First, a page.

CW/TW: sexual violence, physical and emotional abuse

The changing political policies regarding border security and migration in the EU reflect a dangerous rhetoric that has led to a greater risk of sexual and gender-based violence for female asylum seekers upon arrival into the host country. How well have national, EU and global institutions attempted to mitigate the possibilities of violence against women and provide support for them? How does the spread of COVID-19 compound the inability for women and girl refugees and asylum seekers to access proper healthcare?

The United Nations High Commissioner on Refugees (UNHCR) defines sexual and gender-based violence (SGBV) as “Acts that inflict physical, mental or sexual harm or suffering, threats of such acts, coercion or arbitrary deprivation of liberty that target individuals or groups of individuals on the basis of their gender”.[1] While both sexes are at risk for victimization and perpetration of all types of violence, it is far more prevalent for women and girls.

Semi-structured interviews done by scholars in European asylum reception facilities have found that gendered power relations are reproduced and exacerbated during migration. [2] Much of the data is limited by asylum seekers’ fear of disclosing traumatic experiences to authorities and potentially negatively affecting the process of being granted asylum. The EU’s unstable political environment where points of entry can close at any given time due to changing immigration policy and particularly now due to COVID-19, has the very real potential to raise rates of SGBV in refugees and migrants. This issue will be explored in greater detail throughout this article.

EU Policy for Migrants Exposed to SGBV

The central issue with migration in the EU is that there is no consistent response or policy that has been implemented across all member-states because of the possible infringement on the sovereignty of these member-states. This has led to the most pressure being felt at Europe’s Mediterranean borders namely, Spain, Italy and Greece, to process an immense number of immigrants. Some of the measures taken to prevent irregular immigration have led to unnecessary violence, yet even with clear evidence of abuses in violation of EU law at the borders of these countries, the European Commission has done little to hold them accountable.[3] Questions should be asked not only about the acts of SGBV, but also “the gender of both the victim and assailant, the context in which the violence took place, and the relation between the victim and assailant”.[4]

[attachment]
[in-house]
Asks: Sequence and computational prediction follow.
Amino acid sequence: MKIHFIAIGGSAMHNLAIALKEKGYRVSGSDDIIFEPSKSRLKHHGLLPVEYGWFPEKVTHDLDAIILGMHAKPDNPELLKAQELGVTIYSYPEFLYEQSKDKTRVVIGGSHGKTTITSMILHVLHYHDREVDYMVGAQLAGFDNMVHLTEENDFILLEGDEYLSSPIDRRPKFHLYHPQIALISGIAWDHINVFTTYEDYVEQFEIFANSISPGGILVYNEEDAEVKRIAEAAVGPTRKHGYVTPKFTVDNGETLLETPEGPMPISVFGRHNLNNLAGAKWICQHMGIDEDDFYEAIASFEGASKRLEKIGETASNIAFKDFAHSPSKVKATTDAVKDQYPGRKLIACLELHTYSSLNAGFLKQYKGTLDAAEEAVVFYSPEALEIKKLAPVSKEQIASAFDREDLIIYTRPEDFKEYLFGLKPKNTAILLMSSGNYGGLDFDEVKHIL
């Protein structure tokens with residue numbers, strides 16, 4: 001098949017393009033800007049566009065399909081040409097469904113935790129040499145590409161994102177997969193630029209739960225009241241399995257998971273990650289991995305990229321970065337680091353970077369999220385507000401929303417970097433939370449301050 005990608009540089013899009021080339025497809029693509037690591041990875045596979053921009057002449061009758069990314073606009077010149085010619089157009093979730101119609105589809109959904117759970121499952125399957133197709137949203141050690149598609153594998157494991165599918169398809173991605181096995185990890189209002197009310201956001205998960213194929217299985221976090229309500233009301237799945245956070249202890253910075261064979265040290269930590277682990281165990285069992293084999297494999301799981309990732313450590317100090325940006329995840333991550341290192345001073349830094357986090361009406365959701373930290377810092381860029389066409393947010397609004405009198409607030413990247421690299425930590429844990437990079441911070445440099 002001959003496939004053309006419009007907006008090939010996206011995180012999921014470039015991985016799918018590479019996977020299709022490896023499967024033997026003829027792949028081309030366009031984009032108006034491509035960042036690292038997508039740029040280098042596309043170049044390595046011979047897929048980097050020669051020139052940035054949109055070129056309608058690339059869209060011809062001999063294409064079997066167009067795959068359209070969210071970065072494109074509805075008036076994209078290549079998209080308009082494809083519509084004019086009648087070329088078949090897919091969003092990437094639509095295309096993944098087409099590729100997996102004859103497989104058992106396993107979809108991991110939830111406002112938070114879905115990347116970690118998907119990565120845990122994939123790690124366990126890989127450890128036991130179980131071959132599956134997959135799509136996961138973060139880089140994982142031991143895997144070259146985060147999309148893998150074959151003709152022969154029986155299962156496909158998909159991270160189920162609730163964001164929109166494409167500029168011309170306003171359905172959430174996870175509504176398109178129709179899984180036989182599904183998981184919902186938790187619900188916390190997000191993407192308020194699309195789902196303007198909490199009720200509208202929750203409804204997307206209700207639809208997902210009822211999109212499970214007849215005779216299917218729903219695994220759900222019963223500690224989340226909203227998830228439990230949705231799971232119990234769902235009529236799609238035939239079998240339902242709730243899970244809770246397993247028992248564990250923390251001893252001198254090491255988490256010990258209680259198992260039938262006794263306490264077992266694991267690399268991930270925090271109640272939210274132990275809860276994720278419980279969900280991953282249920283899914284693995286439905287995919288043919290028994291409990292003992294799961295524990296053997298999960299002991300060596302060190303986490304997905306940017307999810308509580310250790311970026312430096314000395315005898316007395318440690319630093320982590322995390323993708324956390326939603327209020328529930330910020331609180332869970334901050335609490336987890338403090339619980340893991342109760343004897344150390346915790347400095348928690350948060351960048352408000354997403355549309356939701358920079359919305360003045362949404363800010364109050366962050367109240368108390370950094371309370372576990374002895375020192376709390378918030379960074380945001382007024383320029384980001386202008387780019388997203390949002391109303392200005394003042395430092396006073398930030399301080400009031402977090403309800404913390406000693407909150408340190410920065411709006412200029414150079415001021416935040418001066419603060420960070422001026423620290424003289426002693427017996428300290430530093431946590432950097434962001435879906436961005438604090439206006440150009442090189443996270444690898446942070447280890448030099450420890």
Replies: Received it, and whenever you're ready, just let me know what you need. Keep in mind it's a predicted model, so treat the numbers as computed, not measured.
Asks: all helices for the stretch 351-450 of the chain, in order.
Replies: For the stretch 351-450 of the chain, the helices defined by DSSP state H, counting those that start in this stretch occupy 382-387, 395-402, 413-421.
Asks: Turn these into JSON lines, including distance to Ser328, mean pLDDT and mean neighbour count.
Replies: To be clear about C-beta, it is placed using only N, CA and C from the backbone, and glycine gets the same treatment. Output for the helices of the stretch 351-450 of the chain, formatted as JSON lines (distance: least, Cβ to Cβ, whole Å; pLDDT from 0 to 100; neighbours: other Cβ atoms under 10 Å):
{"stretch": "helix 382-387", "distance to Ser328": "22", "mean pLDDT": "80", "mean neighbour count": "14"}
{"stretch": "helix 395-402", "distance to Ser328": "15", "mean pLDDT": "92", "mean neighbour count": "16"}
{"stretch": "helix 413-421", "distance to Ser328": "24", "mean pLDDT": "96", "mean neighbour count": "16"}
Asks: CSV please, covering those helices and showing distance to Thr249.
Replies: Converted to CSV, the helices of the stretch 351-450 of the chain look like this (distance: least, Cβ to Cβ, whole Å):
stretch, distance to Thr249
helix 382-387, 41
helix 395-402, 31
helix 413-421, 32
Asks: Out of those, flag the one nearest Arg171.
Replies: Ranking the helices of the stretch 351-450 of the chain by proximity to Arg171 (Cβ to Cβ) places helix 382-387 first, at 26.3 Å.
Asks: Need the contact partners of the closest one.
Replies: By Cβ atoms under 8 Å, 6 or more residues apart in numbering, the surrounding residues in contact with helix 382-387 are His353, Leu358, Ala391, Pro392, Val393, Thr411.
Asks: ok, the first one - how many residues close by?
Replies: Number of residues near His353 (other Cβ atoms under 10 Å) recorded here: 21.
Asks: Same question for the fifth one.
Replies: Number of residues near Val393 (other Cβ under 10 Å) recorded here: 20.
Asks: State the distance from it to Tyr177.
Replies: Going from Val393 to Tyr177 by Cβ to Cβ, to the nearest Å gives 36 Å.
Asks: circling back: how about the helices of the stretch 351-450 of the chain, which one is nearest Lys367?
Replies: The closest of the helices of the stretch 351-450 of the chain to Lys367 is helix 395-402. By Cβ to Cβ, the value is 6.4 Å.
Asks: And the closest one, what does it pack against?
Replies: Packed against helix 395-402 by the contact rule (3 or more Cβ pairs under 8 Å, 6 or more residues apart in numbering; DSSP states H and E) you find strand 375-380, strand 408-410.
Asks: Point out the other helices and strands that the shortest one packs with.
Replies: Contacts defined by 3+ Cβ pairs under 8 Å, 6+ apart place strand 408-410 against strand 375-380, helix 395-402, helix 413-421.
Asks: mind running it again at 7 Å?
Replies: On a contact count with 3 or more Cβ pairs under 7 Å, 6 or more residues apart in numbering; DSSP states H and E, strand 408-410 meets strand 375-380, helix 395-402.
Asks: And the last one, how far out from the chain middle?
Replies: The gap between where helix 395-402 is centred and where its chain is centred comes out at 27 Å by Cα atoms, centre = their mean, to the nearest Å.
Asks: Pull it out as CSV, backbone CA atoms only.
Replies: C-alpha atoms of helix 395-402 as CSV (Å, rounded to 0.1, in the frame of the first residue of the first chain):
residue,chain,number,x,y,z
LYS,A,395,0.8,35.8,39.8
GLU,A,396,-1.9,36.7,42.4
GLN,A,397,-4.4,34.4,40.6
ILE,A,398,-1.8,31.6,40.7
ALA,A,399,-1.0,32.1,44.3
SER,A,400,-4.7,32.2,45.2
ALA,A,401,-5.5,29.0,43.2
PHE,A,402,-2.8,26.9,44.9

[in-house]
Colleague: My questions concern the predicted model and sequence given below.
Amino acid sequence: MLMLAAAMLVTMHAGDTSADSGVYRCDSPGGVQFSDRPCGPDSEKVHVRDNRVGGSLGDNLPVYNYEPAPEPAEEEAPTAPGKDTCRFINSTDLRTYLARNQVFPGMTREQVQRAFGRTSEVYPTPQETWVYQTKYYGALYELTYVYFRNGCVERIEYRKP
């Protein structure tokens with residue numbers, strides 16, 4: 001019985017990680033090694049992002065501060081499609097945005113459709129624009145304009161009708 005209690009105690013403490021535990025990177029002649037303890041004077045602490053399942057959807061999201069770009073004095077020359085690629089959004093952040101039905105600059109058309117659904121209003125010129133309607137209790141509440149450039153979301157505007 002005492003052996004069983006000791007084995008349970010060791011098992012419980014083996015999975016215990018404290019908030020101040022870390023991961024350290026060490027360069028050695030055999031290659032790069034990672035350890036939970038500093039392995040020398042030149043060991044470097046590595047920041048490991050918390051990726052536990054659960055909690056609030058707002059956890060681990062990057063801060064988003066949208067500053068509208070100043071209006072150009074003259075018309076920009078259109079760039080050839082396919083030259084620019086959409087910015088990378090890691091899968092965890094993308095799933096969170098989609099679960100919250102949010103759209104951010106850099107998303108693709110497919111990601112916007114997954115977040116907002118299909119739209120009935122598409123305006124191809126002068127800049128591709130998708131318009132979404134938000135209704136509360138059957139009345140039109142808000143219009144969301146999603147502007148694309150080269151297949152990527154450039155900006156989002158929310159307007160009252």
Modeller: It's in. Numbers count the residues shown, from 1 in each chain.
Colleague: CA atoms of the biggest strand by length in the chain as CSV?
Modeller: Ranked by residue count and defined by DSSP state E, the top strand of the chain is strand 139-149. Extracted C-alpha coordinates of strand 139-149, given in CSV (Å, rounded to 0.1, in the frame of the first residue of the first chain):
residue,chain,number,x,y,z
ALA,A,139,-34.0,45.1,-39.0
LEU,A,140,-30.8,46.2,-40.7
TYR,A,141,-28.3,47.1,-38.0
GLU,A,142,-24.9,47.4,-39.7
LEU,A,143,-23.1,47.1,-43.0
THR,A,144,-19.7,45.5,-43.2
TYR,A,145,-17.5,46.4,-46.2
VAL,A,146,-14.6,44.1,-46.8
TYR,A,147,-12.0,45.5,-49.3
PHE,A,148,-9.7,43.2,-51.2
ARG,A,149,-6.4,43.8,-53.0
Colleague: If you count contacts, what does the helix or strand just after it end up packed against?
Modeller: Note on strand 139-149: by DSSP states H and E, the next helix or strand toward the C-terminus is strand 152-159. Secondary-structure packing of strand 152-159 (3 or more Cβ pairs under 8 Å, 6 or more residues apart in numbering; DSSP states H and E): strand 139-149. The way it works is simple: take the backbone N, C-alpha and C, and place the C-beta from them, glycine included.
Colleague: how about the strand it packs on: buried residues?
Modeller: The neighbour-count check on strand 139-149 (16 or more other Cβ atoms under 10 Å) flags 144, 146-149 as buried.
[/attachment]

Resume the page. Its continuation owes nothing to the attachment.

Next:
The Council of Europe set out six strategic objectives for their current five-year Gender Equality Strategy from 2018-2023, one of which was to protect the rights of migrant, refugee and asylum-seeking women and girls. [5] Within their description of the objective to ‘protect the rights of migrant, refugee and asylum-seeking women and girls’, the Council of Europe explicitly writes that “Victims of trafficking and gender-based violence among migrant, refugee and asylum-seekers need to be promptly identified as such and provided with adequate and gender-sensitive protection, treatment and care”.[6]  However, the response and implementation has been limited and inconsistent.

Jane Freedman, a professor of sociology at Université Paris 8, argues that cases of SGBV could largely be prevented through an improvement in the accommodation and living conditions of female refugees.[7] Freedman seeks to explain why the EU’s policies and responses in relation to the refugee crisis could “increase vulnerability and insecurity for these women”.[8] In particular, the EU has focused on preventing irregular migration more than protecting migrant rights, which in turn only serves to increase the possibility of gender-based violence.[9]

SGBV is not only a powerful motivator for refugees and migrants to leave their countries of origin, but it is often also a reality for women and girls during the refugee and migration route. The European Union Agency for Fundamental Rights (FRA) describes the three central factors that prevent women from reporting abuse; a lack of information on how to report such incidents, a lack of effective procedures to identify cases and insufficient training of staff in charge of recognizing gender-based violence.[10] From the evidence put forward by the FRA, it is clear that much more can be done by EU member-states, with more substantial guidelines and procedures on how to identify and deal with victims of SGBV that include gender-sensitive asylum policies to help women and girls escape this violence.

FRA also describes how the most successful programs to combat and respond to SGBV are “those that have been designed through consultations with the refugee community, and that are based on multi-sectoral and inter-agency collaboration”.[11] Consulting with the refugee community and ensuring that they can voice their fears and get help for abuses is of utmost importance. Imposing a fundamentally European or national way of “assisting” migrants may not be the best way to meet their needs. In their article “What the Eye Does Not See”, Keygnaert and Guieu found that “the current paradigm in EU policy-making enforces the notion that sexual violence is an ‘outsider’ issue, with violence against migrants happening almost exclusively within their countries of origin or on Europe’s doorstep, and/or caused by cultural factors”.[12]